My position remains the same though. I don’t think it is fair to the bishop or a wise thing on your part to say that the bishop’s words are “contradictory.” You are building up a scandal where there shouldn’t be one. But he that shall scandalize one of these little ones that believe in me, it were better for him that a millstone should be hanged about his neck, and that he should be drowned in the depth of the sea. Woe to the world because of scandals. For it must needs be that scandals come: but nevertheless woe to that man by whom the scandal cometh. If you had not posted, probably relatively few people and none of the people on this message board would have ever read the bishops letter. Instead, you have placed a two-sentence excerpt (out of its immediate context) into their hands along with the suggestion from the very beginning that it ought to be interpreted in the worst possible way. You have already seen that people have read your thread and gone away thinking bad thoughts about the bishop or even the entire German Church as you can see from one poster’s comment. Do you think it is productive to create a thread on this board that the bishop is speaking things that are “contradictory” and illegitimate? It is good to assume that someone is trying to express a coherent thought where possible rather than a contradictory one.

However you read your quote will depend on the phrases “return” and “visible unity.” It is highly improbable that “visible unity” means anything less than “visible communion.” As for the phrase “return,” you might think it is contradictory but it is quite possible that the bishop has a technical vocabulary that you are not totally familiar with. For instance, it is not unlikely that the bishop was referring to the idea of “ecumenism of return” (c.f. this example from Pope Benedict). If my suggestions are correct, then I think that sufficiently clears up his intentions, whether or not you would have wished he expressed it different, and the new excerpt you posted appears to further vindicate that. It appears that the bishop laments the current state of division and that these divisions are separated. The text you quoted at the top of the thread is likely (I still don’t know where it first into his letter) his solution to that problem, that reconciliation does not involved the total annihilation of legitimate diversity. We only must reject diversity where it creates falsehood and division. Obviously, he does not mean that Lutherans and Catholics can be reconciled as their doctrines currently stand, and he says as much, that dividing differences must be resolved. A little charity goes a long way.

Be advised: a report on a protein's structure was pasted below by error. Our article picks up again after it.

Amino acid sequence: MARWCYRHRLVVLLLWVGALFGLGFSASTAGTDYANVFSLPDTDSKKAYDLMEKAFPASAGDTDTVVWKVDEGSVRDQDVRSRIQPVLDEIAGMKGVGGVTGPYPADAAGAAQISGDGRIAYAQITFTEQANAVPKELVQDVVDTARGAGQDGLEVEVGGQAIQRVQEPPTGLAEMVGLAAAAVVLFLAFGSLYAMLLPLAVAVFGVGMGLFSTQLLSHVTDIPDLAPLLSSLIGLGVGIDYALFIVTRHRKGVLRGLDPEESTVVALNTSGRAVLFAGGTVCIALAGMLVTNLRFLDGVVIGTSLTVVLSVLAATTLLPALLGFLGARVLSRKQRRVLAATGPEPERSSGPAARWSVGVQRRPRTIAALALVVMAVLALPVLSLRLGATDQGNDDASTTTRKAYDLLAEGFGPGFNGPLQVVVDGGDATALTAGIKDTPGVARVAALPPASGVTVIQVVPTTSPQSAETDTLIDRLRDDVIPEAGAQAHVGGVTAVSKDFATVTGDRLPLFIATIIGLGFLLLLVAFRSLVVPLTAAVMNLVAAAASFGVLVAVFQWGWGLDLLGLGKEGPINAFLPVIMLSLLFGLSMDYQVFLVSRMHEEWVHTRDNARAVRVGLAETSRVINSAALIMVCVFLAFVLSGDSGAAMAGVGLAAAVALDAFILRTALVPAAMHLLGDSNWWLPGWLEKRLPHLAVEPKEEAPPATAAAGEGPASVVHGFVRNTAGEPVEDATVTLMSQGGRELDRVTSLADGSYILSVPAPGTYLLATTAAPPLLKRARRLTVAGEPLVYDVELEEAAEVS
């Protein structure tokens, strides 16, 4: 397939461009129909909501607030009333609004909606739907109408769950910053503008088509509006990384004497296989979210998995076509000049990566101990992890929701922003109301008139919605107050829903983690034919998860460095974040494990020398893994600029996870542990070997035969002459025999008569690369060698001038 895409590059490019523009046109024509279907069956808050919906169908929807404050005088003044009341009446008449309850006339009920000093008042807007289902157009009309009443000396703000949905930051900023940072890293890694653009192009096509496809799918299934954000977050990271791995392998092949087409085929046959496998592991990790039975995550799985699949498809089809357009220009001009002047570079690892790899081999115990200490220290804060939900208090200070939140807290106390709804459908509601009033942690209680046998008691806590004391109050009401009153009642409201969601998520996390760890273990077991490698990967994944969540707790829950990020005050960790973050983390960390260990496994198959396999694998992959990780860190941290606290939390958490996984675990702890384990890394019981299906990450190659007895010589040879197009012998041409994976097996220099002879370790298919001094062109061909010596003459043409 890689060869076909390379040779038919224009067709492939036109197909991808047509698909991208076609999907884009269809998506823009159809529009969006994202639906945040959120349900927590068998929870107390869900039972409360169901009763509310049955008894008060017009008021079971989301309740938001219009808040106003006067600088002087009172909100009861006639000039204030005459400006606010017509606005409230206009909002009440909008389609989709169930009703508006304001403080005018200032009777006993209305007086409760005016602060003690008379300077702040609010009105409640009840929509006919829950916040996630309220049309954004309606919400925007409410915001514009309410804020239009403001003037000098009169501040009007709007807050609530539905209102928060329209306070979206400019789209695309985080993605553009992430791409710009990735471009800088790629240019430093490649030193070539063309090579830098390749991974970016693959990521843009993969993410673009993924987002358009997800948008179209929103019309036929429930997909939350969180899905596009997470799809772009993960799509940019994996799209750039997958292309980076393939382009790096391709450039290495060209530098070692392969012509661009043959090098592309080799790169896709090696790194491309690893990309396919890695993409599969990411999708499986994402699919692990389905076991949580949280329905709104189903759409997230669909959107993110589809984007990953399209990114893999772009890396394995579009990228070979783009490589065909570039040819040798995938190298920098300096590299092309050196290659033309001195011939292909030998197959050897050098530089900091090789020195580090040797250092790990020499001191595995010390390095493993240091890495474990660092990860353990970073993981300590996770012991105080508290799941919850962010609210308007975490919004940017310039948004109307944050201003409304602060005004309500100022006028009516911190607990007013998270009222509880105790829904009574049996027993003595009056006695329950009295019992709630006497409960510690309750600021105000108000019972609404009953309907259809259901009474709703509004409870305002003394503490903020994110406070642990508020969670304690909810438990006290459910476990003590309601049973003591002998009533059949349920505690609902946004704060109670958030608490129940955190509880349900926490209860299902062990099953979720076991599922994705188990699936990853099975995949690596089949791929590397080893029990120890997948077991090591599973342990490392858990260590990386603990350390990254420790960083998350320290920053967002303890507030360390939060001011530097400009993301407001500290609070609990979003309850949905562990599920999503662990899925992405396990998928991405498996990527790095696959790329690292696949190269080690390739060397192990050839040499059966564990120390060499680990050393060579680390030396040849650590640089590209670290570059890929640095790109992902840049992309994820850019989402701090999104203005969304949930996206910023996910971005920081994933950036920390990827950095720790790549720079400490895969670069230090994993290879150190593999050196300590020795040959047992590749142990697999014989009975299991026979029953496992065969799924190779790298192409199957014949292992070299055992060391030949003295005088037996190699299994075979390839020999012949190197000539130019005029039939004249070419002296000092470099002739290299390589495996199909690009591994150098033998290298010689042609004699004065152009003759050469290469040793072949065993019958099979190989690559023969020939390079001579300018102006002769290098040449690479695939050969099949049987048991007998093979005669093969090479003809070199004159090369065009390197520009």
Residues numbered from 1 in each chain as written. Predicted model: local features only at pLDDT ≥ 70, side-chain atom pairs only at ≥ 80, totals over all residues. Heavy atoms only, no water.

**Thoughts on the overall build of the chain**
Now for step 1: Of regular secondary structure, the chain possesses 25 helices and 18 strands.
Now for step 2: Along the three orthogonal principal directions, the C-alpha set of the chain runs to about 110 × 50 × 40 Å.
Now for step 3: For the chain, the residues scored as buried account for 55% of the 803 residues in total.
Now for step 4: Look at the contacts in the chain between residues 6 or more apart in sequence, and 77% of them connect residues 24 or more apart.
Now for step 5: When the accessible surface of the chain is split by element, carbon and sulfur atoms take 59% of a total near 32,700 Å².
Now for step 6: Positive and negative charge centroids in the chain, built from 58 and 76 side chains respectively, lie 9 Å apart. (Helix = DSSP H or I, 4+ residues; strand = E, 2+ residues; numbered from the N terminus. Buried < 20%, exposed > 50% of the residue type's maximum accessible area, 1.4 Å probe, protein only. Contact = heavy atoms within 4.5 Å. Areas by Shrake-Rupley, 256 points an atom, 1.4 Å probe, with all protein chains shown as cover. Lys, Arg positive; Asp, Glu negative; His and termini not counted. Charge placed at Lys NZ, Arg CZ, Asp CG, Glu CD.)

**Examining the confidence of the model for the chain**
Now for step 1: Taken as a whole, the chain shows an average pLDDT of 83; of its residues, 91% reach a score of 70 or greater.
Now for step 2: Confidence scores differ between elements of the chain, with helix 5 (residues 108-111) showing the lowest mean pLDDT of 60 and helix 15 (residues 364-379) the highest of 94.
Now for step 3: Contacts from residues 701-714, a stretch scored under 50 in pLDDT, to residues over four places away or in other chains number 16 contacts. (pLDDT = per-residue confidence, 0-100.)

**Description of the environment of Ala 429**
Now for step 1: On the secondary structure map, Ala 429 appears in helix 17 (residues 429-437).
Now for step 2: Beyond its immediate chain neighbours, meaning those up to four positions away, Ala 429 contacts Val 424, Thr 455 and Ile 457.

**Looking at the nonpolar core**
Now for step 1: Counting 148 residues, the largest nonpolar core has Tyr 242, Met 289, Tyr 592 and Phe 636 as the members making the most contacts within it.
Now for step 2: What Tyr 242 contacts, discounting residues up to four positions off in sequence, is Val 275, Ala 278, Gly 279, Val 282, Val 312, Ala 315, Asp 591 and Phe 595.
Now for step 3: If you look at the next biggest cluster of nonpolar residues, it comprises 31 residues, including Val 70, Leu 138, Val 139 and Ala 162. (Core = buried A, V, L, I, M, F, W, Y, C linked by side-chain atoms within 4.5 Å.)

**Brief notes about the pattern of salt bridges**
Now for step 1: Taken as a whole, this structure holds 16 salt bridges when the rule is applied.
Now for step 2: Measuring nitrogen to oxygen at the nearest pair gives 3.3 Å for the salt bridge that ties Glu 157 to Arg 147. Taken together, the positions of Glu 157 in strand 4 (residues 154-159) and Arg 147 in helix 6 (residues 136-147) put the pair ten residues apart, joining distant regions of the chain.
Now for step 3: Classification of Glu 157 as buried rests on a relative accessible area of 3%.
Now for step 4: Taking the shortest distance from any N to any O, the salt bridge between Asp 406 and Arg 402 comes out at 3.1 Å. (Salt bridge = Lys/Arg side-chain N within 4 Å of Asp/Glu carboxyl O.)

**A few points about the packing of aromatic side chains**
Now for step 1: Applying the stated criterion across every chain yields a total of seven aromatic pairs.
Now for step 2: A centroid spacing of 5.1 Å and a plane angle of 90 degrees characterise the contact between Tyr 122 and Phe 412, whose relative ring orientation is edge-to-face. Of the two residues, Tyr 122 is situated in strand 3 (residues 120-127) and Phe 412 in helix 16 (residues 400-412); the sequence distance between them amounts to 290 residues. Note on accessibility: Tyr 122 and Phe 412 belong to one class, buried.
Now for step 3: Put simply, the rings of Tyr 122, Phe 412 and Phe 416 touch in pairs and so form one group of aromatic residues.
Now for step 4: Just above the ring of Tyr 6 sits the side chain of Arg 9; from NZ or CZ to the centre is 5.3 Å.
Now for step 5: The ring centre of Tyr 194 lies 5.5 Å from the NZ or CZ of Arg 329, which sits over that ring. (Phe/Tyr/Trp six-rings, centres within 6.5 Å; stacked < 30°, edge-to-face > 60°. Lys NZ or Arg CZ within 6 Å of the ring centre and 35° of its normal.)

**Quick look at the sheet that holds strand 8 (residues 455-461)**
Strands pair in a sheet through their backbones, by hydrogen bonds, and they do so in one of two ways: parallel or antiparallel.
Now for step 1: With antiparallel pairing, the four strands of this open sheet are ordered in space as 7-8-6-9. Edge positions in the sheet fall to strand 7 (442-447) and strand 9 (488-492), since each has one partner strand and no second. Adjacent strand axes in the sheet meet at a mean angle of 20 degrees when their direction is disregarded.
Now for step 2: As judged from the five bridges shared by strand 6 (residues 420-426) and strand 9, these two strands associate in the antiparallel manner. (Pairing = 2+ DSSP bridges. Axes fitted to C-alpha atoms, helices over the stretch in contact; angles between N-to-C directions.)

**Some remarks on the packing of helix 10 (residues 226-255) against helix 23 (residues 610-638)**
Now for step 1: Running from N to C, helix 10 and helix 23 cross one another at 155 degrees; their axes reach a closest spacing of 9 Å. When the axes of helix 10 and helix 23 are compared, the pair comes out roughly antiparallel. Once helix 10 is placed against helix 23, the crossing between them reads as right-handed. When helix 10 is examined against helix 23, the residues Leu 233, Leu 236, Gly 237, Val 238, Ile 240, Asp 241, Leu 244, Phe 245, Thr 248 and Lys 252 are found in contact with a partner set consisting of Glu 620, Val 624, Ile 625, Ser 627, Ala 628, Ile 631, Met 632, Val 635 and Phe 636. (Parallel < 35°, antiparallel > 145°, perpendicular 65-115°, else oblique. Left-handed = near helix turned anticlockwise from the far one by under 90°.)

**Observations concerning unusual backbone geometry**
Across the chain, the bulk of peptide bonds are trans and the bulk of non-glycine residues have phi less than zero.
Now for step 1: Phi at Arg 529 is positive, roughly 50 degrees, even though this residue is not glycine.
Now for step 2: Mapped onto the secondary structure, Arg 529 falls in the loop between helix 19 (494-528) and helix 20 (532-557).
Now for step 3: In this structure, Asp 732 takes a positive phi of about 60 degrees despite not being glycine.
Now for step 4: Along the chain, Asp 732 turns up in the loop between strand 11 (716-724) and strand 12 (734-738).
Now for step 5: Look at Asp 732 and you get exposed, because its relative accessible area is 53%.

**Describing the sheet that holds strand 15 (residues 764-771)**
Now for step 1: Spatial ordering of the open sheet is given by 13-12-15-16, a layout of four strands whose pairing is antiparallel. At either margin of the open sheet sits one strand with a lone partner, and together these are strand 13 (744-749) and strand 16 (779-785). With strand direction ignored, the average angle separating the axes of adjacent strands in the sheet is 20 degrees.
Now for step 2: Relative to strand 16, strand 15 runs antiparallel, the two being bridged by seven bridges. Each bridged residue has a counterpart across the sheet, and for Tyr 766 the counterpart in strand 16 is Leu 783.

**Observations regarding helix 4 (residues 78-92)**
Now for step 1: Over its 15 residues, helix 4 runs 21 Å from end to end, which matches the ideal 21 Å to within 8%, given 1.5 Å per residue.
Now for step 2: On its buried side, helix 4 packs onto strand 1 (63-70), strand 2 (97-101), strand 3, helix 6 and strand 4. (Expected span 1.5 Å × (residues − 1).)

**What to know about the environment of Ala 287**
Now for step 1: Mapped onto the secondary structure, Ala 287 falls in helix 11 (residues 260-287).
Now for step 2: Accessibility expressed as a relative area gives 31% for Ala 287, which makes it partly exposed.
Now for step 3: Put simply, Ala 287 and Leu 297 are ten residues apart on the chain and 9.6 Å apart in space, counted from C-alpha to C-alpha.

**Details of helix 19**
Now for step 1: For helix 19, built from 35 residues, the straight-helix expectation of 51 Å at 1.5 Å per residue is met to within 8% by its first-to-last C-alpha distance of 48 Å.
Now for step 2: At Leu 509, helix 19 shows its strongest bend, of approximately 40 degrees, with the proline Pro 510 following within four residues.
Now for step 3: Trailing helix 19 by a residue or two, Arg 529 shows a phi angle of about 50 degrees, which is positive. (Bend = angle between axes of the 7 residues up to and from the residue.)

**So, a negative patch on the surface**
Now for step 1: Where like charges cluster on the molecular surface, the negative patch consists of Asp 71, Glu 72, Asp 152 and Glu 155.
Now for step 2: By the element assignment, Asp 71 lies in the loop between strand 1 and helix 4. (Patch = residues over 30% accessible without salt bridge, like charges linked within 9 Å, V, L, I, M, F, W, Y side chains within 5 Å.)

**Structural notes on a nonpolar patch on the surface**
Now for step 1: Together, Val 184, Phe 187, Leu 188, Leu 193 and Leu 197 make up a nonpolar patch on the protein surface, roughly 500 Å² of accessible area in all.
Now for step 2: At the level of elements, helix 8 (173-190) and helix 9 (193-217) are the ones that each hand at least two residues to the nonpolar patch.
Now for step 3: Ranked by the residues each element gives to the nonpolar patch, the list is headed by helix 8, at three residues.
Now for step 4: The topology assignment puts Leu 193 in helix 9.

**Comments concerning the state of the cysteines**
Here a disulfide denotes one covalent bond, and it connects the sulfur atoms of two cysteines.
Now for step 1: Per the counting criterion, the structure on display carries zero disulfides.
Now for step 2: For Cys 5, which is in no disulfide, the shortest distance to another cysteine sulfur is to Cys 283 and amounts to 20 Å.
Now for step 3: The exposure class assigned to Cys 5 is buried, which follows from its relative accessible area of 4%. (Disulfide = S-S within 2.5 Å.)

Hehehe :smiley:

I am not creating a scandal. At least that is not my intention. You will note that the thread is entitled “Does the Church expect all to return to her?” and not “Bishop preaches heretical ecumenism”. I do not think the Bishop is doing any such thing, but if his words sound contradictory, I believe it is my right to say so.

Yes, but since this isn’t on the news forum and it is not about getting many people to read it, that doesn’t matter. I am asking about whether the Church “expects all to return to her”. The Bishop’s statement was only provided so people know what prompted the question, not to be critiqued.

No. I gave my understanding of what he wrote as part of the explanation why I wrote the post. I guess, I should have been more clear.

That’s not my problem. I have explained multiple times now what my intention was.

See above. The thread (question) was prompted by the Bishop’s statement. It is a question that can be answered without referencing the Bishop, but I wanted to add it so people knew what brought the question to mind. Again, if I understand people’s words to be contradictory in themselves, I reserve the right to say so. If they are contradictory, it should be known, and if they aren’t my reading can be refuted. Nothing to be afraid of here.

That may be the case, but seems unlikely, since it’s a letter addressed to his flock, who wouldn’t have that technical vocabulary either, especially in an eastern German diocese where Catholics are a tiny minority among Protestants and people of no faith.

He may, and indeed it makes sense. As I have stated many times now, I am not harbouring any bias against the Bishop, and therefore I have no problem with your suggestions. In fact, I am thankful. :slight_smile: